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Ben McMahon People seemed glad you were there, and you were paying attention

Benjamin McMahon photographs famous people for a living. For five years now, he’s asked each person at the end of a shoot if they wouldn’t mind taking a quick self portrait in a mirror using his Leica. Most of them agreed, and Ben now has over 100 photographs of celebrities being vulnerable, silly, or self-aware. Liv Siddall speaks to him about his charming study into how the world’s most photographed people actually want to be seen.

As far as 30th birthdays go, photographer Benjamin McMahon had an absolute blinder. On a shoot with Judi Dench all day in a house outside of London, he thanked her for making his birthday so special. Upon hearing this, the legend that is Dame Judi nipped out for a bottle of champagne and returned, insisting they drink it together. When she left the room, Ben texted his mum saying she would never believe what he was up to.

When you’ve got a job as great as Ben’s which involves travelling around the world photographing celebrities for newspapers and magazines, something-to-tell-the-grandchildren moments like these are naturally more commonplace than they are for you and I. But they also come with a good deal of stress. On a good day, it’s a glass of bubbly with Dame Judi. On a bad day, it can be the panic of a three hour shoot cut down to just 20 minutes in which to get the perfect portrait.

Helena Bonham Carter

“Helena Bonham Carter took ages doing her portrait and then invited me to her home to do another one (which obviously never happened) but she was really into it. She was taking it really seriously, testing out different angles and running around and moving mirrors.”

Gareth Bale

“We were meant to have three hours with Gareth Bale to do a whole shoot, and they crushed it down to 20 minutes. At the end I went up to the manager and said, ‘right, you screwed me on time today, there’s one more picture we really need, it’s for a personal project. I’m going to ask Gareth to take his own picture in a mirror and we’ll be quick.’ He said: ‘I can give you 10 seconds’ and he stood there and actually counted down. 10, nine, eight…and then dragged him away.”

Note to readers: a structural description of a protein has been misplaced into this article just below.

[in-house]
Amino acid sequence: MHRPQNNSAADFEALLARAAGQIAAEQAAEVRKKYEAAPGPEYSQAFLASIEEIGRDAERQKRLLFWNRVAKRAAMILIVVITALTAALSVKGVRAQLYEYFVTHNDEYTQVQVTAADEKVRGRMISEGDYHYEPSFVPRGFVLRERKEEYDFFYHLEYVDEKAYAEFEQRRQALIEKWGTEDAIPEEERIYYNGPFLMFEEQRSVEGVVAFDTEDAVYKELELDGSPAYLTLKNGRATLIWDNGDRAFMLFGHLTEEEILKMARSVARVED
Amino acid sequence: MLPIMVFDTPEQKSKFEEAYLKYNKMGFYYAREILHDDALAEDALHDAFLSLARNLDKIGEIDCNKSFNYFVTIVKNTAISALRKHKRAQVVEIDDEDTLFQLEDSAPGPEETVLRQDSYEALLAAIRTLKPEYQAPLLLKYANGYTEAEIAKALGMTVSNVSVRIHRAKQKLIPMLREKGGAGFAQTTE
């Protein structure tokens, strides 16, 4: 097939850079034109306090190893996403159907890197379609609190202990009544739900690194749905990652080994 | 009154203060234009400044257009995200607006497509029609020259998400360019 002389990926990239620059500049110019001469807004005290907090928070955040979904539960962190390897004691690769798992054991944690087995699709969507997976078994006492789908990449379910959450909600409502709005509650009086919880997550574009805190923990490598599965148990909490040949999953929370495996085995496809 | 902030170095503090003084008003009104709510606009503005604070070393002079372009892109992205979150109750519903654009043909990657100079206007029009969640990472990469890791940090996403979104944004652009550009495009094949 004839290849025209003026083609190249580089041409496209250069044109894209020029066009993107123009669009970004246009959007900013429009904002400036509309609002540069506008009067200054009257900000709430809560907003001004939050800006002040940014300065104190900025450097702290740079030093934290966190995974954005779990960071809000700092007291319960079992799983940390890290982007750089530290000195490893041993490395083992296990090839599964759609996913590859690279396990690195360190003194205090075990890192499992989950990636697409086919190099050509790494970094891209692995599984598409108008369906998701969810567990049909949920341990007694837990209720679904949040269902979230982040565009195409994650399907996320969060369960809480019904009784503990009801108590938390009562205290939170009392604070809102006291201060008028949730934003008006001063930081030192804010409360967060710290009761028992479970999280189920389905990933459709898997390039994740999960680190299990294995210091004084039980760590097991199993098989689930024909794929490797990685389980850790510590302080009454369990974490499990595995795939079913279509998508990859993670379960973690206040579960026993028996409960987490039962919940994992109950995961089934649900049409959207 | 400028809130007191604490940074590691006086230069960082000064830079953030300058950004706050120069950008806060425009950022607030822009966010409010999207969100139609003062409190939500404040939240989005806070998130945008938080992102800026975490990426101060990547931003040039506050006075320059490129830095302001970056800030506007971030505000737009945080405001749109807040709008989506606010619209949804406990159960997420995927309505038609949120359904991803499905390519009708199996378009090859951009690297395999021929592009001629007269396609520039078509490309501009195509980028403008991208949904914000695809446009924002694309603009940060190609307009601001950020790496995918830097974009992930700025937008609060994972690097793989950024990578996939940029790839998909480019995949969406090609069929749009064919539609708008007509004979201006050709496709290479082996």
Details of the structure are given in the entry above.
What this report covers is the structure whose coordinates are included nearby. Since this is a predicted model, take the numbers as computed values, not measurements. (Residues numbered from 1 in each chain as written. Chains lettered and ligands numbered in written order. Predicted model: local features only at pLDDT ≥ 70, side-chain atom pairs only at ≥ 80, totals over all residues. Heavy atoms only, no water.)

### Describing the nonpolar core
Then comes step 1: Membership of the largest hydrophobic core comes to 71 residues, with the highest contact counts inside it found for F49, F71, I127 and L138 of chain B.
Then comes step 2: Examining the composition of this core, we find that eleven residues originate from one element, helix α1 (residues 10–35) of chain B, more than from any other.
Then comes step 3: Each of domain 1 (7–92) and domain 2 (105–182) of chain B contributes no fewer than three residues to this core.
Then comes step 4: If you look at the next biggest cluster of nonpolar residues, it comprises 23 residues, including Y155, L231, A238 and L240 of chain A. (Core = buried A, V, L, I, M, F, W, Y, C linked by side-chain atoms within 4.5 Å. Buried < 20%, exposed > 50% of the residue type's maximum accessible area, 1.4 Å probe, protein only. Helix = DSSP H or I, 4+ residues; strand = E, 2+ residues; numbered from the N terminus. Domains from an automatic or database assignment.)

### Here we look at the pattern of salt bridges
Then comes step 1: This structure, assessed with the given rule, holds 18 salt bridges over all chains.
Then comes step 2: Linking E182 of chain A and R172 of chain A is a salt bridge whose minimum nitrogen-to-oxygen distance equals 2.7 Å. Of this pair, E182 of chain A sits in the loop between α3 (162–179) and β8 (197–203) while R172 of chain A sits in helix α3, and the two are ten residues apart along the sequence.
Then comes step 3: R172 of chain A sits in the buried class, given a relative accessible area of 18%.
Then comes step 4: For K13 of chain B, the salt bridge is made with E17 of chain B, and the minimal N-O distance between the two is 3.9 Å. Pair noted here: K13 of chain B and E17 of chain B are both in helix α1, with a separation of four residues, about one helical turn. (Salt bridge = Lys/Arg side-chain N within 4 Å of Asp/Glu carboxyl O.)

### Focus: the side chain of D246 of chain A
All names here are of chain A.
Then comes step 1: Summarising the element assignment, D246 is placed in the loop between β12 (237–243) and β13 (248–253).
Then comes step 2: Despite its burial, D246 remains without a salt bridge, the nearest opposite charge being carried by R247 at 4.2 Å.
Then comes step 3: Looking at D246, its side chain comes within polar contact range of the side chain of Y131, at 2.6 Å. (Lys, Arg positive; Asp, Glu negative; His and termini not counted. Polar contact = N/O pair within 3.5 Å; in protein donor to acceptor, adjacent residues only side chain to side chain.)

Dame Judi Dench

“They all spark little memories for me. The one of Judi Dench was amazing because it was taken on my birthday. We were in a house outside of London for a shoot and at the end I thanked her for making my 30th birthday so special. She said ‘Oh my god it’s your birthday!’ and went out to get a bottle of champagne which we sat and drank together. It was nuts. It was one of those moments. I texted my mum like, ‘you will not believe what is going on!’"

In 2014, Ben had a cunning idea that would utilise his star-studded access for a personal project. He decided to start asking his subjects to take a self portrait using one of his Leica cameras at the end of each shoot. His first was actor Stellan Skarsgård, in a hotel. “We kind of got on and we were listening to Bruce Springsteen,” Ben recalls. “At the end I said ‘look, have you got an extra couple of minutes? I’ve got this thing I'm trying to work on. I'm asking people to make their own pictures using a mirror and a Leica, I can set it up for you, I just want to leave you to choose how you are photographed.” There was a mirror nearby so Stellan stood there, did his thing and said, “there you go.”

From then on, Ben was hooked. Every shoot became an opportunity to add a self portrait to his collection. He even found himself saying yes to jobs he’d normally turn down, just so he could get access to someone he wanted for his personal project. It was the same each time: once the shoot was over, he’d approach them, find a mirror and set them up with the camera. It took Ben over a year to figure out the famously complex nature of a Leica, so he’d spend a long time setting up each person’s shot to ensure the photo would actually come out. “They’re not all in focus, some of them are a bit soft because people move,” he says. “We’d find a spot – quite often in somebody's bathroom or in the toilet, which was always a bit weird – I’d stand and pre-focus the camera for them and then kind of step out of the way and then jump back in if they moved.”